The direct response can most readily be demonstrated in vitro by the mixed lymphocyte reaction in which only direct allopresentation can occur and in vivo by transplanted Rag −/− MHC class II −/− mice reconstituted with syngeneic CD4+ T cells. These mice lack CD8+ T cells and the capacity to present antigen via the indirect pathway (see below) but have the ability to reject cardiac allografts, demonstrating that direct pathway CD4 cells are sufficient to mediate graft rejection [8].

That donor dendritic cells are the cells that primarily trigger the recipient immune response via the direct pathway is suggested by observations that depletion of donor dendritic cells by an intermediate parking strategy leads to loss of immunogenicity that is only restored following addition of dendritic cells of donor strain [3]. Under the influence of proinflammatory signals engendered by the transplantation procedure, donor dendritic cells traffic to secondary lymphoid tissues of the recipient [6,9] and initiate direct responses at these sites. Indeed, responses to engrafted tissues can be greatly reduced in animals lacking secondary lymphoid tissues [10,11].

Thymic education of T cells ensures the selective survival of those lymphocytes capable of recognizing self-MHC. As a result, the mature T cell repertoire is biased towards recognition of foreign peptides restricted by self-MHC [12]. The high frequency of direct antidonor alloreactivity within the T cell repertoire [13,14] is, therefore, counterintuitive; this apparent paradox is explained by significant T cell receptor (TCR) cross-reactivity (between self and allogeneic MHC–peptide complexes) [15-17]. There are at least two theories that further delineate the molecular characteristics of the high frequency of direct alloreactivity, the ‘high determinant density’ and the ‘multiple binary complex’ models that differ on whether alloreactive T cells directly recognize polymorphisms in allogeneic MHC or presented peptide in the MHC peptide-binding groove (reviewed in Ref. [17]). In practice, it is probable that both mechanisms contribute to direct allorecognition, the overall contribution of each being related to the site and magnitude of the structural differences in MHC molecules between responder and stimulator cells.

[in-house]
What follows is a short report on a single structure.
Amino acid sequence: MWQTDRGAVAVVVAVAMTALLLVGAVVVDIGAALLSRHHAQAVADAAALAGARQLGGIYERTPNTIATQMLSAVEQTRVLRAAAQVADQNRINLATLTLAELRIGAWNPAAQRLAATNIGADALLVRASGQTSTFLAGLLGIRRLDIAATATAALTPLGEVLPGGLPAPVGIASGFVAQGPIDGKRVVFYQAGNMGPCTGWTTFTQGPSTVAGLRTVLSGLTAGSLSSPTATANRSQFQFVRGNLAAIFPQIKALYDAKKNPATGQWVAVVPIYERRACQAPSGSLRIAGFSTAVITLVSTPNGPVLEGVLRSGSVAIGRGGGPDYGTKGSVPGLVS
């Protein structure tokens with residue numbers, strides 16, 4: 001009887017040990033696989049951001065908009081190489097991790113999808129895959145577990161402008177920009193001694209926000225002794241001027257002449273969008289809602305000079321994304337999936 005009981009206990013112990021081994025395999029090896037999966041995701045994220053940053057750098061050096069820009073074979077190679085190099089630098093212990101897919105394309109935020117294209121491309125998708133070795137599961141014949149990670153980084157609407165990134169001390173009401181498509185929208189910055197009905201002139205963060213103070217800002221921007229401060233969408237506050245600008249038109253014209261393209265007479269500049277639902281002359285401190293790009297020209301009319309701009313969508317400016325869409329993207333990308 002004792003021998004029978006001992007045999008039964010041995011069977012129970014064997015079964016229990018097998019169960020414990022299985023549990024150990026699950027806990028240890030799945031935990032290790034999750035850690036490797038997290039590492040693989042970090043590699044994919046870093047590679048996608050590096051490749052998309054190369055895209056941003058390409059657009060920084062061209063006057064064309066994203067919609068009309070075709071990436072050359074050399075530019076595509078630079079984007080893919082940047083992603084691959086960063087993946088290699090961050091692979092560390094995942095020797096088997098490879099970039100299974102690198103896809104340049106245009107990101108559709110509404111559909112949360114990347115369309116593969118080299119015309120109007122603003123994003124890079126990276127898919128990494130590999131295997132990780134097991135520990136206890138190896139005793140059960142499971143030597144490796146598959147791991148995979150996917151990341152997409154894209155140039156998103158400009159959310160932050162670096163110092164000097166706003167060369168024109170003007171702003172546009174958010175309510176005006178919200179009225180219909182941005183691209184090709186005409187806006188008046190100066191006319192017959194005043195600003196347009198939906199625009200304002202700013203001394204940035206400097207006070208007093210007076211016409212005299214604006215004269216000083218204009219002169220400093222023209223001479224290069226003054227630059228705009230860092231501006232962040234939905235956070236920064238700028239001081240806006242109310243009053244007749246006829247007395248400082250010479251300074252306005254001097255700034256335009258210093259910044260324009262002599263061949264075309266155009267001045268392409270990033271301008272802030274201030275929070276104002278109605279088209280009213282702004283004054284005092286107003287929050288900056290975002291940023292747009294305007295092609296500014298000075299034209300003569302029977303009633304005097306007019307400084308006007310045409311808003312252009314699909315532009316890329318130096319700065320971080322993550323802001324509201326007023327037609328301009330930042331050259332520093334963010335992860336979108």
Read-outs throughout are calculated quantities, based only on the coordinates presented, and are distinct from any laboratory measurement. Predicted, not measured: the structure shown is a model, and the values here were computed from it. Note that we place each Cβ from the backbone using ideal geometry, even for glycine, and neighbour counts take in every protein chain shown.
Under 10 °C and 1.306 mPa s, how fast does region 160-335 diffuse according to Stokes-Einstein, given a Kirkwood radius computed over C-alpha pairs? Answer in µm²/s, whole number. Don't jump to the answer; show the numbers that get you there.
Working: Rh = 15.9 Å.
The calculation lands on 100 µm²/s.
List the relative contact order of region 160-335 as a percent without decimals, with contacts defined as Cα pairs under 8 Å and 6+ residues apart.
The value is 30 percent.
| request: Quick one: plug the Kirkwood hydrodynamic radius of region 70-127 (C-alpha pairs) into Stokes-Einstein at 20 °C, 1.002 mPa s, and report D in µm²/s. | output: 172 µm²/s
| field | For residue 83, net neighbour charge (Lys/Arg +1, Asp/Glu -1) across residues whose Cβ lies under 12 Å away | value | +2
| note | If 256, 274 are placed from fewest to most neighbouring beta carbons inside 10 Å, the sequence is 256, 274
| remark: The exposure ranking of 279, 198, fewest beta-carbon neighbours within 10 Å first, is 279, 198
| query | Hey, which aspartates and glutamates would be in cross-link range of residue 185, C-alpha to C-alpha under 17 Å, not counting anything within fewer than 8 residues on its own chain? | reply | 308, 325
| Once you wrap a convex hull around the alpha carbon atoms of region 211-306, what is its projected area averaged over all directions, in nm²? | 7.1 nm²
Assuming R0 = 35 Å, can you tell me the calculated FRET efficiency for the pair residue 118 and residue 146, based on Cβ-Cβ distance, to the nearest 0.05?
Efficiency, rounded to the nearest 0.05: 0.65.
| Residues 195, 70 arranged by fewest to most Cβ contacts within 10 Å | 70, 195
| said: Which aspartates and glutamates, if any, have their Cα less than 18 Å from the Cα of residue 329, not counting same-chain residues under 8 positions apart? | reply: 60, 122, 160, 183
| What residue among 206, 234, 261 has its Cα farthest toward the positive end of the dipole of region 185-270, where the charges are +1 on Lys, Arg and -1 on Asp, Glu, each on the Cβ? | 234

Indirect allorecognition

The indirect pathway refers to recognition of processed peptides of allogeneic histocompatibility antigens presented by self-MHC in a self-restricted manner [3,18] (Fig. 1b) and is akin to recognition of nominal antigens. Indirect alloantigen presentation (in the context of self-MHC class II) invariably results in alloresponses that are dominated by CD4+ T cells. As T cell help for B cells to class switch and differentiate into antibody secreting plasma cells is provided by CD4+ T cells that recognize peptides derived from antigens internalized by B cell surface immunoglobulins, the presence of class-switched alloantibodies is indicative of help provided by indirect pathway T cells [19,20].

In mice, presentation of peptides from allogeneic MHC by self-MHC can be inferred by the demonstration that dendritic cells of H-2Ab recipients (not expressing the H-2E antigen) injected with H-2k B cells (expressing H-2E) can be isolated from draining lymph nodes and stained positively with an antibody specific for complexes of H-2Ab occupied by peptides of H-2E [21] and that CD8-depleted or MHC class I-deficient recipients of MHC class II-negative skin grafts (presenting foreign MHC class I via self-MHC class II to CD4+ cells) rapidly reject their transplants [22]. Furthermore, immunization of animals with peptides of allogeneic MHC (by definition able to elicit only indirect rather than direct responses) results in vigorous allograft rejection [23] whereas intrathymic injection of similar peptides down-modulates the indirect response sufficiently to prolong survival of subsequent allografts of the same MHC type [24].

In humans, there is ample evidence for the involvement of this pathway in graft rejection [25-28], including in-vitro detection of amplified indirect responses in recipients of heart, kidney and liver allografts with the clinical features of chronic rejection [25,27,29].